There are several books already on the market about Fibromyalgia. This one is not like most of the others. The Fine Print of Fibro mixes legitimate medical information, personal anecdotes from the author, and blunt advice on living a lifestyle with this diagnosis. The author isn’t gentle or flowery about the difficulties faced, nor is she speaking from a completely negative perspective. Many people are unaware of what a life with Fibromyalgia is actually like and how hard every day can be when you have these medical limitations. From medical terminology to the prescriptions and over the counter medications to use, the types of medical personnel you will be working with, tips on functioning on difficult days and ways to reduce stress, the book covers a plethora of topics dealing with the world of a Fibromyalgia patient. Anyone who has or knows someone who has, or perhaps is just interested in learning more about, Fibromyalgia, would gain a good bit of information and insight from The Fine Print of Fibro.
“Devilishly sharp… a masterful balance of psychological excavation and sumptuous description.”
An only child, Deborah Burns grew up in prim 1950s America in the shadow of her beautiful, unconventional, rule-breaking mother, Dorothy—a red-haired beauty who looked like Rita Hayworth and skirted norms with a style and flare that made her the darling of men and women alike. Married to the son of a renowned Italian family with ties to the underworld, Dorothy fervently eschewed motherhood and domesticity, turning Deborah over to her spinster aunts to raise while she was the star of a vibrant social life. As a child, Deborah revered her charismatic mother, but Dorothy was a woman full of secrets with a troubled past—a mistress of illusion whose love seemed just out of her daughter’s grasp.
In vivid, lyrical prose, Saturday’s Child tells the story of Deborah’s eccentric upbringing and her quest in midlife, long after her parents’ death, to uncover the truth about her mother and their complex relationship. No longer under the spell of her maternal goddess, but still caught in a wrenching cycle of love and longing, Deborah must finally confront the reality of her mother’s legacy—and finally claim her own.
Rome, AD 39: Rome. Marcus Salvius Magnus, leader of the Crossroads Brotherhood, is buying a dangerous cargo of illegal weaponry. When a deal which will ensure Magnus's dominance over Rome's criminal underworld goes sour, Magnus must regain the shipment by any means necessary...
As the rival West Viminal Brotherhood threatens his whole operation, Magnus fights to outwit his opponents whilst juggling the threat of the law and the demands of his patron. With enemies, plots and intrigue on all sides, can Magnus manage to evade death long enough to emerge victorious?
A VESPASIAN NOVELLA
Yosano Akiko (1878-1942) was one of Japan's greatest poets and translators from classical Japanese. Her output was extraordinary, including twenty volumes of poetry and the most popular translation of the ancient classic The Tale of Genji into modern Japanese. The mother of eleven children, she was a prominent feminist and frequent contributor to Japan's first feminist journal of creative writing, Seito (Blue stocking).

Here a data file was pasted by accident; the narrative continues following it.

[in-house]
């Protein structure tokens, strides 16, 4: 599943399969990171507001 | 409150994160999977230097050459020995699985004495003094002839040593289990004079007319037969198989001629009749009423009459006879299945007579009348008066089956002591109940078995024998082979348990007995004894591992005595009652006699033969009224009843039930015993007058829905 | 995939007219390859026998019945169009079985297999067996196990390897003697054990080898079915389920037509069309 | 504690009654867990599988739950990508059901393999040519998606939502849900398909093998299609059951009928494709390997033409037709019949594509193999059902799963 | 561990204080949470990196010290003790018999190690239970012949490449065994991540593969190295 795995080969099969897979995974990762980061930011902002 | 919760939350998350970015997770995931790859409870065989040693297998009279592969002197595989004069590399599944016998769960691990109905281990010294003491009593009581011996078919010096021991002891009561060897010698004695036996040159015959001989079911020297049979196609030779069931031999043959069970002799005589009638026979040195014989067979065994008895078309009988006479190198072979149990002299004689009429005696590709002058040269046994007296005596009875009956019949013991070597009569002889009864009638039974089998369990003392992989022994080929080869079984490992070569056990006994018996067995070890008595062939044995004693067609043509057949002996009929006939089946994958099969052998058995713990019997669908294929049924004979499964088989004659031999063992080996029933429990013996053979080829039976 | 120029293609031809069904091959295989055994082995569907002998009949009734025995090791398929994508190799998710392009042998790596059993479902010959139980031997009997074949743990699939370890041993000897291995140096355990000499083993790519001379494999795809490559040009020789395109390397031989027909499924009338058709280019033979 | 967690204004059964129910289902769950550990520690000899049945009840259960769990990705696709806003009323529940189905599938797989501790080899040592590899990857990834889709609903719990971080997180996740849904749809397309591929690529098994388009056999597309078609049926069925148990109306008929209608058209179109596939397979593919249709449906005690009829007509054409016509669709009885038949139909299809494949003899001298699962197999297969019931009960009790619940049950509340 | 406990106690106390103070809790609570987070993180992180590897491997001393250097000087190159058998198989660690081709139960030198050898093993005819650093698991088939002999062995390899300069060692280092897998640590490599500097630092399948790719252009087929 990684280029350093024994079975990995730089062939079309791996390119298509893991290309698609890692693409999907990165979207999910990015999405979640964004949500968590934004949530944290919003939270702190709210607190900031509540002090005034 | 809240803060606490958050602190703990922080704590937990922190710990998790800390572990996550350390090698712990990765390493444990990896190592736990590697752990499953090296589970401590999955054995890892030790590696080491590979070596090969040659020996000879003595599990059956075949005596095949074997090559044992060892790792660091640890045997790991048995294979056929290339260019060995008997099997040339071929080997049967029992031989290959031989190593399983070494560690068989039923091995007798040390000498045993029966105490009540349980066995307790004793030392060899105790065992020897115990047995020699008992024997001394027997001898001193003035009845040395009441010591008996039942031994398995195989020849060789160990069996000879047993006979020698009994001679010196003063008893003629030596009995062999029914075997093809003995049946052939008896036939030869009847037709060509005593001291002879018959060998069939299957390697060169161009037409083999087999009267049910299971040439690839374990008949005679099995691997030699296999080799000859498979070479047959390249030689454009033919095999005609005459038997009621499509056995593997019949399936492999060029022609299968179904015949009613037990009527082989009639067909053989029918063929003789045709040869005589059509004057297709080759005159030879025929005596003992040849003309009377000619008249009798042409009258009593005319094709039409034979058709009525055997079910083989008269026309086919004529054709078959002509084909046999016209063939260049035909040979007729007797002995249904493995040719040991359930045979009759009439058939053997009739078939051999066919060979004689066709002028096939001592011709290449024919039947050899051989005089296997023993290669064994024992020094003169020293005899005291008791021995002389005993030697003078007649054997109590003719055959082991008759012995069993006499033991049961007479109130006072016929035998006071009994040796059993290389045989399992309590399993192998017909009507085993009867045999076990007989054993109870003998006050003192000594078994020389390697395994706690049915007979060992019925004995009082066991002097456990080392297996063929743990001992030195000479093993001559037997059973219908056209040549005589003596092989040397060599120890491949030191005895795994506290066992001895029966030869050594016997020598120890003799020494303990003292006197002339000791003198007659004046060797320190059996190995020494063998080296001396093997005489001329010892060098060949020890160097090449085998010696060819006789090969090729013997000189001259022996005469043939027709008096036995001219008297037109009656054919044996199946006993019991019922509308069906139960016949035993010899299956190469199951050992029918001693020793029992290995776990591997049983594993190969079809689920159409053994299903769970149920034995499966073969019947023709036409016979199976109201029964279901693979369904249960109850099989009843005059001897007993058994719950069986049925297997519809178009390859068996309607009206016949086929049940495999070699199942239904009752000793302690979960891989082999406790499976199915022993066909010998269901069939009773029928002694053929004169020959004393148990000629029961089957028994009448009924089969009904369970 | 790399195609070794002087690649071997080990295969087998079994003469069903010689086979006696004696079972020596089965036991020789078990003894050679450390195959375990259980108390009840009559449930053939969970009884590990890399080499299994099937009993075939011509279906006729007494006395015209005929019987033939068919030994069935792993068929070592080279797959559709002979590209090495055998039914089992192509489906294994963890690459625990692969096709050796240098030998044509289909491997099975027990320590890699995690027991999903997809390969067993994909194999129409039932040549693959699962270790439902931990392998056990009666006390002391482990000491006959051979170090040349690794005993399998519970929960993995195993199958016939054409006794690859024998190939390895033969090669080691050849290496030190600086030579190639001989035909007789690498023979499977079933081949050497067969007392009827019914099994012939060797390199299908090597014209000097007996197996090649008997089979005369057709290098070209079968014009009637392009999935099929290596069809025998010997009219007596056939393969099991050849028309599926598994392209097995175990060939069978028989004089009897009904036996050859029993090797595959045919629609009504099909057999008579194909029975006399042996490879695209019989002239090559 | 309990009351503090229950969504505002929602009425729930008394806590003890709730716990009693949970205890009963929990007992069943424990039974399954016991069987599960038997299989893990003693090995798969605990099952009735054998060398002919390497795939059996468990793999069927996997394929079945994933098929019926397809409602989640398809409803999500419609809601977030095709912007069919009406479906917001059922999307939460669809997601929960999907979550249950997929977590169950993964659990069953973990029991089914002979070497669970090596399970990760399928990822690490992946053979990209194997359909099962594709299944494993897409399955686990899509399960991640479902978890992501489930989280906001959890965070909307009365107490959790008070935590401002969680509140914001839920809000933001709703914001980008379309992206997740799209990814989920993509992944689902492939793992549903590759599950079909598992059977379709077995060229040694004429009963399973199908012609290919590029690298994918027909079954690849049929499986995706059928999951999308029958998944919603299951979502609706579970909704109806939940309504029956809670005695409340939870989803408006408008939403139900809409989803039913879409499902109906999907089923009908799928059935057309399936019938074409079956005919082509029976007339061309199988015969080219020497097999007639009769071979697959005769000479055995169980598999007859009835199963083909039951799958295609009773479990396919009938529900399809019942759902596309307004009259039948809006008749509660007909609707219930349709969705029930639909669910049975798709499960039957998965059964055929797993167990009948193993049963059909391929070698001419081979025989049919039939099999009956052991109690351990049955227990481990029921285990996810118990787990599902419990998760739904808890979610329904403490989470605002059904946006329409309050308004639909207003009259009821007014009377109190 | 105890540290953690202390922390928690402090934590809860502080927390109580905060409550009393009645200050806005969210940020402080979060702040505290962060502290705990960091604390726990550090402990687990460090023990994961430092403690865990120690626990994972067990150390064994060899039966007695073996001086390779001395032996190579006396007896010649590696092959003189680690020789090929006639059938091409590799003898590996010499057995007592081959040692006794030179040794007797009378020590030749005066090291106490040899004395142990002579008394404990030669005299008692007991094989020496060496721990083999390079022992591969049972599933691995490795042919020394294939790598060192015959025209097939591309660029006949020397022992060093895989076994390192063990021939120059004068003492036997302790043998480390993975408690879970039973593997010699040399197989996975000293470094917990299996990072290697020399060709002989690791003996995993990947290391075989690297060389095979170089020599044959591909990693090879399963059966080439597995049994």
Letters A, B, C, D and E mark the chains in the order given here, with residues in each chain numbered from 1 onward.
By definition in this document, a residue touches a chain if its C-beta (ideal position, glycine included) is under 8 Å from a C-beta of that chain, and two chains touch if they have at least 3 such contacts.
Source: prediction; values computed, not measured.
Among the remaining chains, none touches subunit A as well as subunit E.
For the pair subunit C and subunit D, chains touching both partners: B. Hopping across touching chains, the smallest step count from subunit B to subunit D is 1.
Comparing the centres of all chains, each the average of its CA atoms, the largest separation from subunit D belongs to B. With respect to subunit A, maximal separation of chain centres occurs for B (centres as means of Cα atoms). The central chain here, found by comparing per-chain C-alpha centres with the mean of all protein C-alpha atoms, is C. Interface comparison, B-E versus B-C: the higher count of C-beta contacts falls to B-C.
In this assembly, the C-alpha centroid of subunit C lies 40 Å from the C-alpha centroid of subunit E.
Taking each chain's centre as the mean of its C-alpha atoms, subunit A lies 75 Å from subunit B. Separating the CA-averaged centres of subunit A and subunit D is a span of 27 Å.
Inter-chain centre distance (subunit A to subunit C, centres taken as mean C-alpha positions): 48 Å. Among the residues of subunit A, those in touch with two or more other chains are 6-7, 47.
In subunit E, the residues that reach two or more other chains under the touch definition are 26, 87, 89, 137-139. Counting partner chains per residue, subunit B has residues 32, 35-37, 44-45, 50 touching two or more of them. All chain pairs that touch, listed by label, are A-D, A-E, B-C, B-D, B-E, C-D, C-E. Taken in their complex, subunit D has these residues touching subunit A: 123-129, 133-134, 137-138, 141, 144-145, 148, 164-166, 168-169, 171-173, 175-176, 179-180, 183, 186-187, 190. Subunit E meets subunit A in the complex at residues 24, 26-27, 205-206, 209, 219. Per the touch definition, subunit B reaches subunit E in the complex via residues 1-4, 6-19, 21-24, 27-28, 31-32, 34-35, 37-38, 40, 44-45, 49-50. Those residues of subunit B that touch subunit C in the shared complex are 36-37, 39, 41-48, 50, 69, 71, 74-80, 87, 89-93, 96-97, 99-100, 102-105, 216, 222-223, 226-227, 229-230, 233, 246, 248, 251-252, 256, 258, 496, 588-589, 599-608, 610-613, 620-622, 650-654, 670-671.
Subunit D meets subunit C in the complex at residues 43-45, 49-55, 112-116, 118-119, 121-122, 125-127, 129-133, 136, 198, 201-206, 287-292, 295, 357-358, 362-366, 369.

In 1928 at a highpoint of Sino-Japanese tensions, Yosano was invited by the South Manchurian Railway Company to travel around areas with a prominent Japanese presence in China's northeast. This volume, translated for the first time into English, is her account of that journey. Though a portrait of China and the Chinese, the chronicle is most revealing as a portrait of modern Japanese representations of China—and as a study of Yosano herself.
Being a housewife in the 1950s was quite a different experience to today. After the independence of the wartime years, women had to leave their jobs when they married and support their husband by creating a spotless home, delicious meals and an inviting bedroom.
A 1950s Housewife collects heart-warming personal anecdotes from women who embarked on married life during this fascinating post-war period, providing a trip down memory lane for any wife or child of the 1950s. This book will prove an eye-opener for those who now wish they had listened when their mothers attempted to tell them stories of the ‘old days’, and will provide useful first-hand accounts for those with a love of all things kitsch and vintage.
From ingenious cleaning tips, ration-book recipes and home decor inspiration, the homemaking methods of the fifties give an entertaining and poignant insight into the lives of 1950s women.
Embarking on motherhood was a very different affair in the 1950s to what it is today. From how to dress baby (matinee coats and bonnets) to how to administer feeds (strictly four-hourly if following the Truby King method), the child-rearing methods of the 1950s are a fascinating insight into the lives of women in that decade. In The 1950s Mother author, mother and grandmother Sheila Hardy collects heart-warming personal anecdotes from those women, many of whom are now in their eighties, who became mothers during this fascinating post-war period.
From the benefits of ‘crying it out’ and being put out in the garden to gripe water and Listen with Mother, the wisdom of mothers from the 1950s reverberates down the decades to young mothers of any generation and is a hilarious and, at times, poignant trip down memory lane for any mother or child of the 1950s.
Do you remember getting up on a Saturday morning to watch Going Live? A time when scrunchies and curtains were the height of cool? Playing Sonic the Hedgehog on your Sega Mega Drive? Then the chances are you were a child in the nineties.
This trip down memory lane will jog the memory of even the coolest 30-year-old, and make you long for the days when Gladiators was on the telly on Saturday night and the Spice Girls spiced up your life.
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